Icons: From the MAAS Collection

Exhibition
Permanent Exhibition Book Tickets

This exhibition, featuring a selection of over 70 celebrated and rarely-displayed objects from the Museum of Applied Arts and Sciences’ vast and diverse collection, explores what makes a museum object an icon in the 21st century.

From a grand concert piano to a humble elephant statue that survived the great Garden Palace fire of 1882; from Sir Howard Florey’s penicillin samples to a cochlear implant; from an ancient Greek drinking cup to the Apple 1 computer; many of the objects are leading examples of human creativity and ingenuity, and have played a significant role in shaping society and creating a better world.

This diverse array of objects are explored through themes including luxury, celebrity, status, spirituality, value and genius. You are invited to consider and question what makes something iconic.

Which is your favourite?

Download media release here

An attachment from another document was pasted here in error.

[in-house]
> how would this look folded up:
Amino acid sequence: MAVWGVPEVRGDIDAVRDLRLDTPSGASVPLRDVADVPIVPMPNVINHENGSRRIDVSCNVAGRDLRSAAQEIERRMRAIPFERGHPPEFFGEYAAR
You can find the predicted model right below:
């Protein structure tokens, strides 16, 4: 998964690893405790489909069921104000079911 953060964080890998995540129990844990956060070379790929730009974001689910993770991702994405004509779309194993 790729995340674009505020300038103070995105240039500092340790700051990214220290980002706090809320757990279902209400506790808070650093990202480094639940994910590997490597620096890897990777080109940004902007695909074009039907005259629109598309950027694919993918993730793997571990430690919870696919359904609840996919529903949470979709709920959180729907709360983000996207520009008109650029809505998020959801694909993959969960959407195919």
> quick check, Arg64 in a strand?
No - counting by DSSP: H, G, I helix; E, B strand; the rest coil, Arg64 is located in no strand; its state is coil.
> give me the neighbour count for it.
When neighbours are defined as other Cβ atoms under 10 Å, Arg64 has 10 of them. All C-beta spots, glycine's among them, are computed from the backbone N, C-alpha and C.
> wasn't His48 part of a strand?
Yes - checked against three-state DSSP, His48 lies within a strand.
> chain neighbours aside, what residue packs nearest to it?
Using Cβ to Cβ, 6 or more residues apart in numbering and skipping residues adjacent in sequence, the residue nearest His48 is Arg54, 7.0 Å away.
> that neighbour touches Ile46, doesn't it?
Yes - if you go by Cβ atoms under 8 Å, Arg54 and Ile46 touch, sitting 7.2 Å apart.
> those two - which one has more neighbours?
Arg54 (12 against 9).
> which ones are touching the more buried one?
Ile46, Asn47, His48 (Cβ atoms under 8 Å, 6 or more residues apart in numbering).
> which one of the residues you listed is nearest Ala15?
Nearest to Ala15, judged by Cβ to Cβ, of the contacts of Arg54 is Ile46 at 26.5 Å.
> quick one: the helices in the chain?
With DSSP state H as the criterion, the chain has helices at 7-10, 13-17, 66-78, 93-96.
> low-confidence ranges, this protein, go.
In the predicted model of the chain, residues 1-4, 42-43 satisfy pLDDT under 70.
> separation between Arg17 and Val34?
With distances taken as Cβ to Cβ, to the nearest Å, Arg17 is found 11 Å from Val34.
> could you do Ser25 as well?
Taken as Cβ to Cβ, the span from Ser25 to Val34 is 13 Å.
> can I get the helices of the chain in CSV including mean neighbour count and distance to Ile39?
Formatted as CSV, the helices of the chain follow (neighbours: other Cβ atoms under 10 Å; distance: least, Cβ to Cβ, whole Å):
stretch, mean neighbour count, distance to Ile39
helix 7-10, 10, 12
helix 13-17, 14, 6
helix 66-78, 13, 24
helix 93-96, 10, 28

Tickets

Free with museum admission.

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Icons: From the Museum of Applied Arts & Sciences Collection

$29.95

Acclaimed Australian author Drusilla Modjeska has collaborated with the Museum of Applied Arts and Sciences, Sydney, on a new MAAS publication, Icons. Published to accompany the Icons exhibition, the book presents more than 70 beautifully photographed objects from the Museum’s collection, and considers the notion of ‘icon’ in all its complexity — from its origins as a sacred image to a more contemporary definition that equates icons with mass culture and popular appeal. The objects featured in the exhibition and book present various aspects of luxury, celebrity, status, spirituality, value and genius. Through her extensive research, discussions with the curators and handling of the objects, as well as her insights as a creative writer with a deep interest in the processes of making and human imagination, Drusilla has discovered deeper levels of meaning about particular objects in her essay ‘The Wonder World of Things’. The publication also includes essays by lead curator Jacqui Strecker on reimagining the Museum’s icons, Jennifer Isaacs on artist Thancoupie’s work, and short essays by MAAS curators on selected collection objects, including Marc Newson’s Lockheed Lounge, Howard Florey’s miracle mould penicillium notatum, a Ming dynasty temple bell and that crochet dress by Romance Was Born and worn by Cate Blanchett. Drusilla Modjeska’s collaboration on the Icons project was made possible by a grant from the Copyright Agency Cultural Fund.
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